Mayor and Council correct to investigate transport funding
Mayor and Council correct to investigate transport funding options for Auckland
"The Mayor of Auckland should be applauded for broaching the politically prickly but absolutely fundamental question of transport funding," said New Zealand Council for Infrastructure Development Chief Executive Stephen Selwood.
"Auckland has a substantial transport funding deficit over the life of the Mayor's imminent 30 year spatial plan. Unfunded projects critical to lifting regional productivity and fulfilling the Mayor's vision to make Auckland the world's most liveable city include:
- Additional Waitemata Harbour Crossing - $5 billion
- CBD rail loop - $2.4 billion
- Auckland-Manukau Eastern Transport Initiative (AMETI) - $1.5 billion
"That's $9 billion of investment unfunded, and across only three projects. In addition, the Auckland Plan discussion document identifies projects of "high regional significance" which include roading and rapid transit upgrades around Botany, the airport and Albany. Then there's a whole range of smaller projects, including intersection upgrades, safety improvements, walking and cycle ways, all of which cannot be funded through traditional means
"And this is just catch-up. It includes none of the long term investment required to keep Auckland moving when an equivalent population to Wellington of over half a million people moves into the region. Furthermore it assumes no major new motorway enhancements beyond Waterview in metropolitan Auckland, despite hundreds of thousands of new commuters on the road network.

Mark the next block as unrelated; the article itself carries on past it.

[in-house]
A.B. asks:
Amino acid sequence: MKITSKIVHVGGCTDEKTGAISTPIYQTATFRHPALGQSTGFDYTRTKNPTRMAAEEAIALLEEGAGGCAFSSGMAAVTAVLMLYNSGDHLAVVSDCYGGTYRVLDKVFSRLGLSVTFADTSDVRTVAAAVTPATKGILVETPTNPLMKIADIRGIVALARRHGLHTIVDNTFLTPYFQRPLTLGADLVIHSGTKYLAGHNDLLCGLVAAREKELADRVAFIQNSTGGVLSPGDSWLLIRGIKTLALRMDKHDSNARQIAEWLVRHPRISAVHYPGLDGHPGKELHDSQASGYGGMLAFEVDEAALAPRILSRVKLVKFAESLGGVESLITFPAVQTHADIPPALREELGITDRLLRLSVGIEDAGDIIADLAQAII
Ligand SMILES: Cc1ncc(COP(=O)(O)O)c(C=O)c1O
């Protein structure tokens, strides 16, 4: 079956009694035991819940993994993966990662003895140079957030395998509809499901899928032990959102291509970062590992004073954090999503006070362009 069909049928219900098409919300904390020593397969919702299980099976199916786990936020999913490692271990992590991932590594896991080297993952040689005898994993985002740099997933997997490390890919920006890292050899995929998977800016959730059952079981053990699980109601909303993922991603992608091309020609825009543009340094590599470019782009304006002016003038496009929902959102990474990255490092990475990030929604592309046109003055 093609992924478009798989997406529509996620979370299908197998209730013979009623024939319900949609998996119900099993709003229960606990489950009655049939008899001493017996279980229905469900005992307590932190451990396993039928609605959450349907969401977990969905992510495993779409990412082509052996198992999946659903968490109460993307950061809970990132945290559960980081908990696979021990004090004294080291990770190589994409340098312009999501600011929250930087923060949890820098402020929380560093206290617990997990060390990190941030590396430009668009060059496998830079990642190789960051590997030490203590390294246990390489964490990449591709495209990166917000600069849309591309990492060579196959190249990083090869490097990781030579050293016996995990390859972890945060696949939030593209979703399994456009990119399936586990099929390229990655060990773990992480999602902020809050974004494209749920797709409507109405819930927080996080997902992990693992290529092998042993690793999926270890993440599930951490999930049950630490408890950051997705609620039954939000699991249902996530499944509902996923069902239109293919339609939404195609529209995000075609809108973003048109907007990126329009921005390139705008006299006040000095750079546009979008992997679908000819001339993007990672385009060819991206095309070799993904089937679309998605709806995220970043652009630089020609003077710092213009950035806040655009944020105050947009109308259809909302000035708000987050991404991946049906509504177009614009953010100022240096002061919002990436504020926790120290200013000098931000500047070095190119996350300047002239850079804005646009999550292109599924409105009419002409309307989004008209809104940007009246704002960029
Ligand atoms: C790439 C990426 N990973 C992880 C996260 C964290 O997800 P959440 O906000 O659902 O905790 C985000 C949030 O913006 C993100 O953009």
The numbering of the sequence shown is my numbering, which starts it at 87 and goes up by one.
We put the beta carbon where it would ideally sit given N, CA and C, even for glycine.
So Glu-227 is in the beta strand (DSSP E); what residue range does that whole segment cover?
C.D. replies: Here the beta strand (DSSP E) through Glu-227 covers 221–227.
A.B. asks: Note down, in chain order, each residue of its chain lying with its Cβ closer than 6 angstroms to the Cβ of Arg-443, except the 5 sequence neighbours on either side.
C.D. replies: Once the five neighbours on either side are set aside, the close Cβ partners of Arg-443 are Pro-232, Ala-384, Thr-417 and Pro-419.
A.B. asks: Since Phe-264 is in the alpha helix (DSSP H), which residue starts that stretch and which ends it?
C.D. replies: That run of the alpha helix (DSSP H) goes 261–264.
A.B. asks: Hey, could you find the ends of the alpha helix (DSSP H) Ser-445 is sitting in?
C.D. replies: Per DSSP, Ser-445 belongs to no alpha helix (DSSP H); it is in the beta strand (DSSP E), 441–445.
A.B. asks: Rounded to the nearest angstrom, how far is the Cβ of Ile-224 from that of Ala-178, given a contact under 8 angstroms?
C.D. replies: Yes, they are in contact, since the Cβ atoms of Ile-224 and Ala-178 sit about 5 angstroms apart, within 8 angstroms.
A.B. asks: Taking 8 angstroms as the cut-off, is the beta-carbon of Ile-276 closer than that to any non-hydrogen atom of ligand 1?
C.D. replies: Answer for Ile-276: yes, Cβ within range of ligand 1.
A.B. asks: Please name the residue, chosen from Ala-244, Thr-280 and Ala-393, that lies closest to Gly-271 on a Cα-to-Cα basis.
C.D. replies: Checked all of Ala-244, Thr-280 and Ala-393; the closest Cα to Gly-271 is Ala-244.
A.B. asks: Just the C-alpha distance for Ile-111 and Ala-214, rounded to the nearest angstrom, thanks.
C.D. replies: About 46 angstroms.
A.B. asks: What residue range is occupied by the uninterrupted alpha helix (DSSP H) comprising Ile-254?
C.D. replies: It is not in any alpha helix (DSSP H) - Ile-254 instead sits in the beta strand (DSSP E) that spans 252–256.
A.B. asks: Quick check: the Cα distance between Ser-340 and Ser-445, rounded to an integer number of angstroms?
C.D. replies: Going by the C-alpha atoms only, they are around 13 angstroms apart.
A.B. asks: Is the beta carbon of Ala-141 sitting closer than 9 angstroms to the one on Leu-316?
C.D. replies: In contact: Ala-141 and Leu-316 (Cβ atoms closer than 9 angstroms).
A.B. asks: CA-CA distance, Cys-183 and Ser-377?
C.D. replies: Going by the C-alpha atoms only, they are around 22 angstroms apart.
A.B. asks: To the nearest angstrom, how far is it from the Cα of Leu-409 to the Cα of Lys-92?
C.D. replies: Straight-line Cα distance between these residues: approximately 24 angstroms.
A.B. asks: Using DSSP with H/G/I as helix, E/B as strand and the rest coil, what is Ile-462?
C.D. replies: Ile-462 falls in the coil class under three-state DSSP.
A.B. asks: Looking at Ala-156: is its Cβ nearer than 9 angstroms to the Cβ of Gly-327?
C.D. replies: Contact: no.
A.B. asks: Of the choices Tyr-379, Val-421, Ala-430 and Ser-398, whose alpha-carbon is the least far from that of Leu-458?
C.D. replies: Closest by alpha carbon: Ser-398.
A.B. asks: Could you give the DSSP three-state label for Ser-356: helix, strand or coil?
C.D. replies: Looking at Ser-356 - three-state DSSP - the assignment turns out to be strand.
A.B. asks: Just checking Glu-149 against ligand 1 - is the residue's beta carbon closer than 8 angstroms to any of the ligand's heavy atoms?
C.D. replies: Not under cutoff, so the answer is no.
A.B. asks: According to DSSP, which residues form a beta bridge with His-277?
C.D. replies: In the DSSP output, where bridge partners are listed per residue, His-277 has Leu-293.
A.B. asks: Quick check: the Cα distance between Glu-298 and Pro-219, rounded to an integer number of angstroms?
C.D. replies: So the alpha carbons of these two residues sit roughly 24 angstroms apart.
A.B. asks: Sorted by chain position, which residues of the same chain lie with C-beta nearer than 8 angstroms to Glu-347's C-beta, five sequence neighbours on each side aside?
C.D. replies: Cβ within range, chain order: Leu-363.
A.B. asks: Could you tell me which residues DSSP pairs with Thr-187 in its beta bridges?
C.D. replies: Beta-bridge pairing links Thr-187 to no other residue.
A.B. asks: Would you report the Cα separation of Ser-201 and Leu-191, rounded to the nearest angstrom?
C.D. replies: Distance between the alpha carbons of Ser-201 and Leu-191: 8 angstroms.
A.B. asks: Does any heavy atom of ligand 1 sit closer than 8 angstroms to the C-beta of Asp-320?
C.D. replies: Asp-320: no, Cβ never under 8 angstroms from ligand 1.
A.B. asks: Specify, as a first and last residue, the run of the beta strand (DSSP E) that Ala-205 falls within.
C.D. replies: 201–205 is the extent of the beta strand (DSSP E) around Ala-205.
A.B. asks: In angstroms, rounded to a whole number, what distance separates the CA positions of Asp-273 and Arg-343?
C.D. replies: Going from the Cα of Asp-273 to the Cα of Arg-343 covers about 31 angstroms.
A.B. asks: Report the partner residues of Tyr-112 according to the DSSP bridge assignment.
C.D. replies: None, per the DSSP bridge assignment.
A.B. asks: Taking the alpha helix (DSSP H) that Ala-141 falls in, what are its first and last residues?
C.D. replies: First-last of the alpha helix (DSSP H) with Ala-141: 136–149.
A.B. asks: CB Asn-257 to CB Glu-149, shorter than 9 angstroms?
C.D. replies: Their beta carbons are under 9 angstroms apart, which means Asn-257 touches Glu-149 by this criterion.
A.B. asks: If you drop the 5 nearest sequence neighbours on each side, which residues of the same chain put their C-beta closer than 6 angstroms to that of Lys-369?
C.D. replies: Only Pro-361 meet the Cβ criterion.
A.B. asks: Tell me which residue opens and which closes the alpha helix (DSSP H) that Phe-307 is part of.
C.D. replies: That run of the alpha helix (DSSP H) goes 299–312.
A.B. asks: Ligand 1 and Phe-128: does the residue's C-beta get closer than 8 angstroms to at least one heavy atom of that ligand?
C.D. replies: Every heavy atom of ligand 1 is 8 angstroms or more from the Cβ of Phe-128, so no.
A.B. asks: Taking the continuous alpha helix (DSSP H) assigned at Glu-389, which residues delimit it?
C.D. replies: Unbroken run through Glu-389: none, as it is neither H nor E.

"The Government has been clear: it has no more funds to commit to major transport infrastructure projects in Auckland over and above that which it is already committed to. A $5 billion harbour crossing would consume the entire national capital transport budget for five years. Although it may be possible to fund the crossing with $6-$8 tolls, the reality is that to resolve an Auckland-wide transport problem an Auckland-wide funding solution is required.
"It's clear that the Auckland Plan suffers from a funding gap. It is therefore essential that a credible funding plan be developed and that the Council investigates all options.
"This leaves the region with a very simple choice. We can choose not to lift transport funding, in which case we choose congestion, economic under-achievement and a decline in our standard of living. Or we can look at new ways to do things.
"The Auckland Council was established to tackle the big issues and no Auckland governance issue is bigger than transport funding. By giving Aucklanders an alternative to transport policies which we know have failed in the past, the Mayor is doing exactly what his position requires," says Stephen Selwood.